Defence News

At ICJ, Pakistan rejects India’s plea for consular access to Kulbhushan Jadhav

Pakistan on Wednesday rejected India’s plea for consular access to Kulbushan Jadhav, claiming provisions for the same only applied to “legitimate visitors”, not “spies”.

Jadhav, an Indian national who was arrested by Pakistan in the restive Balochistan province last year, has been sentenced to death for alleged involvement in espionage and terrorism.

India moved the International Court of Justice in May, appealing the sentence and calling for his release.

In its counter-response at The Hague-based court, Pakistan claimed Jadhav is not an ordinary person as he had entered the country with the intent of spying and carrying out sabotage activities.

“Lack of explanation on how a serving naval commander was operating under secondment to Indian spy agency Research and Analysis Wing was travelling under an assumed name leads to only one conclusion that India wanted consular access to the information he had gathered,” the counter memorial submitted by Pakistan said, according to The Express Tribune.

The international court will now decide whether to take the case forward for hearing or ask India and Pakistan to submit more documents.

The recently elected ICJ judges are scheduled to take oath on February 6. Former Pakistan chief justice Tassaduq Hussain Jillani will also serve as an ad-hoc judge in the bench.

Geo News, quoting Pakistan attorney general Ashtar Ausaf Ali, reported the case would be taken up for hearing in April or May 2018. Pakistan’s reply was submitted by the Foreign Office’s Director India, Fariha Bugti.

Local media reported the reply was jointly prepared by Ali, Pakistan’s legal team in the case, and officials of the ministry of foreign affairs.

The document includes details of Jadhav’s involvement in alleged subversive activities in Pakistan, his trial and his sentencing.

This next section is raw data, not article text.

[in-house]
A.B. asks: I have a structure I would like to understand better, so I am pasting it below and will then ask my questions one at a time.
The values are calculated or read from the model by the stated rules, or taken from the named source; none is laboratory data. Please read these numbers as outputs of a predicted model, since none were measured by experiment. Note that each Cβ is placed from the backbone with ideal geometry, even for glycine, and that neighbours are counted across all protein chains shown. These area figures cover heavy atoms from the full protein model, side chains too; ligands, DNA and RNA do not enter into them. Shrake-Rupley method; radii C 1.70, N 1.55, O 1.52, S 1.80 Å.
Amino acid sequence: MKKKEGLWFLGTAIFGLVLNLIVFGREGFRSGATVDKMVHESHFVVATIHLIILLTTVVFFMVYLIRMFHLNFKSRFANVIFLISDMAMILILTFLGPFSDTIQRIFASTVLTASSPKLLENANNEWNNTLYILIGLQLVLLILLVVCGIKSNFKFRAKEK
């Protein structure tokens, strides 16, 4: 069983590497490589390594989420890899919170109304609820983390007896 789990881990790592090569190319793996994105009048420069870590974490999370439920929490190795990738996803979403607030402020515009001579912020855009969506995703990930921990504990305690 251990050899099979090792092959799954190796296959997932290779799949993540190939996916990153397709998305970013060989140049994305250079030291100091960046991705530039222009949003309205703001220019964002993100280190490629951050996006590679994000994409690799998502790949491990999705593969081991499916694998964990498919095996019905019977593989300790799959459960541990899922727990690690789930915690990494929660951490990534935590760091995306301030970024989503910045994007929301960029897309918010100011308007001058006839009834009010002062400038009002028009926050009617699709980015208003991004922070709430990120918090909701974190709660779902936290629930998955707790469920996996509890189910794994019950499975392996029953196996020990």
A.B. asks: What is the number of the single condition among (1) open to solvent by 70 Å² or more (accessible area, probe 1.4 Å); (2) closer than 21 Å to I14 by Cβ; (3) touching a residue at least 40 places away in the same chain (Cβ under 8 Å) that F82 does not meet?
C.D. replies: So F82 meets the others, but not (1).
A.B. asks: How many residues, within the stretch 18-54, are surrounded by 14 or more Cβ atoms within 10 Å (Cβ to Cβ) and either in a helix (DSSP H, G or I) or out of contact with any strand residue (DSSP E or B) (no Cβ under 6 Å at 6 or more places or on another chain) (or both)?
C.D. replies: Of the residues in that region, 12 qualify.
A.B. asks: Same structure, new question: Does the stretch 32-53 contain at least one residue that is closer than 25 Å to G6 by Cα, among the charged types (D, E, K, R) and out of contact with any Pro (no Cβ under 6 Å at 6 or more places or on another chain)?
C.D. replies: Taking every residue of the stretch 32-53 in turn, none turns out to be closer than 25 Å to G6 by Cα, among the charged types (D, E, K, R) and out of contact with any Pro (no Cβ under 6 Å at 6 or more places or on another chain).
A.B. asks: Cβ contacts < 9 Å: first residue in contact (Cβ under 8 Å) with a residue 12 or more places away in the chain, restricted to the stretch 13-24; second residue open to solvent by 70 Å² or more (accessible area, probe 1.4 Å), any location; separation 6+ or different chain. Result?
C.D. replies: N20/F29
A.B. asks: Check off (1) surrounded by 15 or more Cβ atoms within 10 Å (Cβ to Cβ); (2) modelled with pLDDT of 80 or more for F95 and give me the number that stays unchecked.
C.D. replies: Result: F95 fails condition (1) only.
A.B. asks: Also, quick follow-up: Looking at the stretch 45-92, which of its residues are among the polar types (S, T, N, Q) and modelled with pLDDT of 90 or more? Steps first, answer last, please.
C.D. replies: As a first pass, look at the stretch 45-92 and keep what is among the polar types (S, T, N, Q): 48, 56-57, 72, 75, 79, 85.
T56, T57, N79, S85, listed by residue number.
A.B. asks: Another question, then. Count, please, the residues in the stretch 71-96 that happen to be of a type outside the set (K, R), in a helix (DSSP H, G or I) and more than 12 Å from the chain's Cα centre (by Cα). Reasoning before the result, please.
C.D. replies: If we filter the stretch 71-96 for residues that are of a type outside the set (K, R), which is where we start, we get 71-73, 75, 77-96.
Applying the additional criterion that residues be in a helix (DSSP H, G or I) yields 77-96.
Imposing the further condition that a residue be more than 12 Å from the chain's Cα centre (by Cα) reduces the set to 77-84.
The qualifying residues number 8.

Earlier, a senior official told The Nation newspaper that Pakistan would challenge the jurisdiction of the ICJ to hear Jadhav’s case.

“He has been convicted in terrorism cases and there is no room to be soft on him,” he said. “We will provide evidence to the ICJ to prove his role in the killings of so many Pakistanis.

His case at the ICJ should be dismissed.” Another official said Pakistan’s response was based on the Vienna Convention.

He said Pakistan’s response included concrete evidence of Jadhav’s confession of involvement in terror-related activities.

“Pakistan’s argument is that the ICJ has no jurisdiction to hear the case of a terrorist who has orchestrated bloodshed in Pakistan .

We are hopeful we will win our case,” he said. Pakistan has rejected more than 30 Indian requests for consular access to Jadhav.

Jadhav has filed a mercy petition with army chief Gen Qamar Javed Bajwa, calling on him to spare his life on “compassionate grounds”.

If rejected, Jadhav can file another appeal to President Mamnoon Hussain. Last week, Pakistan agreed to allow Jadhav’s mother and wife to meet him later this month.

Foreign Office spokesman Mohammad Faisal said they will be provided with complete security and a diplomat from the Indian high commission will be allowed to accompany them.

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